The rest of the film is a lot of chases and related set-pieces as the teens, in three teams of two, search for Pop who is jumping between bodies. There’s a fair amount of clambering around inside those big, metal, well-lit(!) air-ducts that real buildings don’t have but which the film and TV industry could not do without. The whole thing culminates with Pop possessing Fah, trying to seduce Com and then going the whole hog into full-on monster mode: rows and rows of teeth, saggy tits, grey skin - represented using a good CGI figure in long-shot and some fantastic, old-fashioned, Savini-esque prosthetic make-up in close-ups.
Body Jumper is very definitely not what I was expecting, based on previous Thai movies which I’ve watched. It’s much more like a Hollywood teen comedy; it’s actually more watchable than most of the films it strives to copy, but I don’t know whether that’s because it’s genuinely better or just the novelty value of seeing this style of film filtered through a different culture.
There are some genuinely funny bits in this film, and though the entire cast overact like mad that doesn’t seem to matter too much. Most of the humour relates to sex and/or bodily functions or just people being scared, and occasionally the comedy trips over into cartoon-style visual humour, such as a table lifting up in front of a boy when he sees a gorgeous girl (actually we get that gag twice). It is also packed with movie in-jokes/references: Scream, Men in Black, Aliens and probably a whole load of Thai movies which I didn’t recognise.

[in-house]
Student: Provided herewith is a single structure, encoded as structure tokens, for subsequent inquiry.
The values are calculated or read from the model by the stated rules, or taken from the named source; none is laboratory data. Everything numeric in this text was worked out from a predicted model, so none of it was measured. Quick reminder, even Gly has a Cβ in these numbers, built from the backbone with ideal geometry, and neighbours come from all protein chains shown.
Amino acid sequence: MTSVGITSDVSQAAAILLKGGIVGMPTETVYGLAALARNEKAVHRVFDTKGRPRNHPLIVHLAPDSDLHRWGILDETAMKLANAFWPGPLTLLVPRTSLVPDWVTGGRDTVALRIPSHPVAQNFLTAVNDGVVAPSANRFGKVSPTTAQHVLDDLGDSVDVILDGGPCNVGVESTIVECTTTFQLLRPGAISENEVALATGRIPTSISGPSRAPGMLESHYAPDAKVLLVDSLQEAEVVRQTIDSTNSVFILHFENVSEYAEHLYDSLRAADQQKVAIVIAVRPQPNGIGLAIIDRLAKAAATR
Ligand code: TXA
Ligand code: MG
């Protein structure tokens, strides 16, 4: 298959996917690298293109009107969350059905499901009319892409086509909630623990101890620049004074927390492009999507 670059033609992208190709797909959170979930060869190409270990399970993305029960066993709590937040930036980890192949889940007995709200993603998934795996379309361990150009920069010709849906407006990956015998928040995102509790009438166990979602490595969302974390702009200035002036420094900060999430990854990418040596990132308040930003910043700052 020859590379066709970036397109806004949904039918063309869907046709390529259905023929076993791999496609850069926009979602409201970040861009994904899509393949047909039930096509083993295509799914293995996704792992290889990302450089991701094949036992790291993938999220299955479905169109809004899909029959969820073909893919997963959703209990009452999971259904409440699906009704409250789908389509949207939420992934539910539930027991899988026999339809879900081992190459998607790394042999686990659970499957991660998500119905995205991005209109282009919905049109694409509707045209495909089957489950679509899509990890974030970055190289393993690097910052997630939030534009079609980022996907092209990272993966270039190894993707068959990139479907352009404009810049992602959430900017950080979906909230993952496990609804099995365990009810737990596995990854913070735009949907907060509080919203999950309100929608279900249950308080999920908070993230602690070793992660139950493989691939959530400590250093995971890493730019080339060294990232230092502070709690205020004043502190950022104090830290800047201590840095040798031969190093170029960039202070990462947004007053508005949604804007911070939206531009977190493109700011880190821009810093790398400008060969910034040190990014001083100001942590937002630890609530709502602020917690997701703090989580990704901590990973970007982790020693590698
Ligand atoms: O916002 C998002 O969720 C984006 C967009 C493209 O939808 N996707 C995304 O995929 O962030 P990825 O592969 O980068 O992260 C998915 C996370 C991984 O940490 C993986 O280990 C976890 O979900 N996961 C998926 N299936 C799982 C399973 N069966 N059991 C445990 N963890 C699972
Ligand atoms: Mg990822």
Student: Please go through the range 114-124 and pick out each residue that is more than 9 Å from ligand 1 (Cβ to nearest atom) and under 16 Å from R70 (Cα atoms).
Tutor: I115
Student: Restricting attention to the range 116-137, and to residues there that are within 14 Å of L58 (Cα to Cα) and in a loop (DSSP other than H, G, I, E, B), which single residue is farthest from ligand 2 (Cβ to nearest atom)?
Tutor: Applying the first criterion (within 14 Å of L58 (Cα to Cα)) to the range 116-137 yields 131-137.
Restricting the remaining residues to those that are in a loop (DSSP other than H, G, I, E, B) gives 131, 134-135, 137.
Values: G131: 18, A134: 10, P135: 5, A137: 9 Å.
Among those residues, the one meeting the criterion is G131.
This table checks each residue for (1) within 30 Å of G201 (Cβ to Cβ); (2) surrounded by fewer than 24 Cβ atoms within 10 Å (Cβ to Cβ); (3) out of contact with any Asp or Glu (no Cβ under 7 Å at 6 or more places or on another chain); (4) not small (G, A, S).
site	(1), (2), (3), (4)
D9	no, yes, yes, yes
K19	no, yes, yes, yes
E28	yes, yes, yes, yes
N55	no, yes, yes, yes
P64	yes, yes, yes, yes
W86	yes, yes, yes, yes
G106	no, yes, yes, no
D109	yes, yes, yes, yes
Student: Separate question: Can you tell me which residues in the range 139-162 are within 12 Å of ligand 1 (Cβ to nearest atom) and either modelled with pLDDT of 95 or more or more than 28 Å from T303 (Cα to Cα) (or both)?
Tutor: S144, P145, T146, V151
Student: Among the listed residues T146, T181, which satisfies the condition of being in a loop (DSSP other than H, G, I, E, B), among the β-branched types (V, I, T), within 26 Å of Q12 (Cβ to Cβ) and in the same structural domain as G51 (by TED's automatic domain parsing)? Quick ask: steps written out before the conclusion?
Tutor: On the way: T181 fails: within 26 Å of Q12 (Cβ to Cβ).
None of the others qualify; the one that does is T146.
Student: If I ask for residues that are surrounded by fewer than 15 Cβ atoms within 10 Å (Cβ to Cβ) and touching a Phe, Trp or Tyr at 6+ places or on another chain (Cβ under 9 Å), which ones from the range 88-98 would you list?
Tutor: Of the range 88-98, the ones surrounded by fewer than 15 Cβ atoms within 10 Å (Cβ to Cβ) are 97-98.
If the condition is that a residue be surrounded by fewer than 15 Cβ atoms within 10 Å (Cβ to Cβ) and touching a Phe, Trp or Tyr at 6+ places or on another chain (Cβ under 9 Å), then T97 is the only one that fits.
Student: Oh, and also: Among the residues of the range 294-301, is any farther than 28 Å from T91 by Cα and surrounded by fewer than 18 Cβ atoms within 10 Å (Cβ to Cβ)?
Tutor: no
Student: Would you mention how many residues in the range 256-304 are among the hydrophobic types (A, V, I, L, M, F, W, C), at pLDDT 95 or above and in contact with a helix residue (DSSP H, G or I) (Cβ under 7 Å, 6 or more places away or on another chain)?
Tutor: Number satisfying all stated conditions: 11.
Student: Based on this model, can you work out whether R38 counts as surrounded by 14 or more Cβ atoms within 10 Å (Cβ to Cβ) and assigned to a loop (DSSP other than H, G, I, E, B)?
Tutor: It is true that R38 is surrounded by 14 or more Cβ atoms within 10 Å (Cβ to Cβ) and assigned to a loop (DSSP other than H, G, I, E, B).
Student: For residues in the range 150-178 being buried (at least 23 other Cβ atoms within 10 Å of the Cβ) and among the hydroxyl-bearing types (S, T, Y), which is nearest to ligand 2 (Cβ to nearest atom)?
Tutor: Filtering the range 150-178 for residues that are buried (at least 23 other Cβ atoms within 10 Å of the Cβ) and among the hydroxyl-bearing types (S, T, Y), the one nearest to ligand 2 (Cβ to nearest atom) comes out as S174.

There is no nudity and the violence is seen only very briefly if at all and is often off-screen. But the effects are very good, especially the Pop make-up in its various stages (sometimes added via a CGI morph), and the flying shots. The stand-off in the alley is particularly well-lit and atmospheric, and indeed production values overall are very high for a Thai movie (production design is by Dusit Im-Oum, cinematography is by Ruengwit Ramasoota).
The English subtitles on this Thai VCD (which is packaged in a shiny, cut-out card sleeve and was bought from eThai CD) are generally very good, with only a handful of mistakes. One curious inconsistency is that the vengeful ghost is called ‘Pob’ in the subtitles but ‘Pop’ when seen written on-screen (on the book which Com finds in the library and on the condoms which Kong gives him). Of course, in some tongues (such as German and presumably Thai) B and P are pronounced the same. In the original title, most sources seem to agree, the word is pronounced ‘Porp’ anyway.
Body Jumper is very definitely worth checking out, either from this VCD or from the forthcoming American DVD from Pathfinder Pictures which will include cast biographies, trailers and a commentary.
MJS rating: B+
Review originally posted before November 2004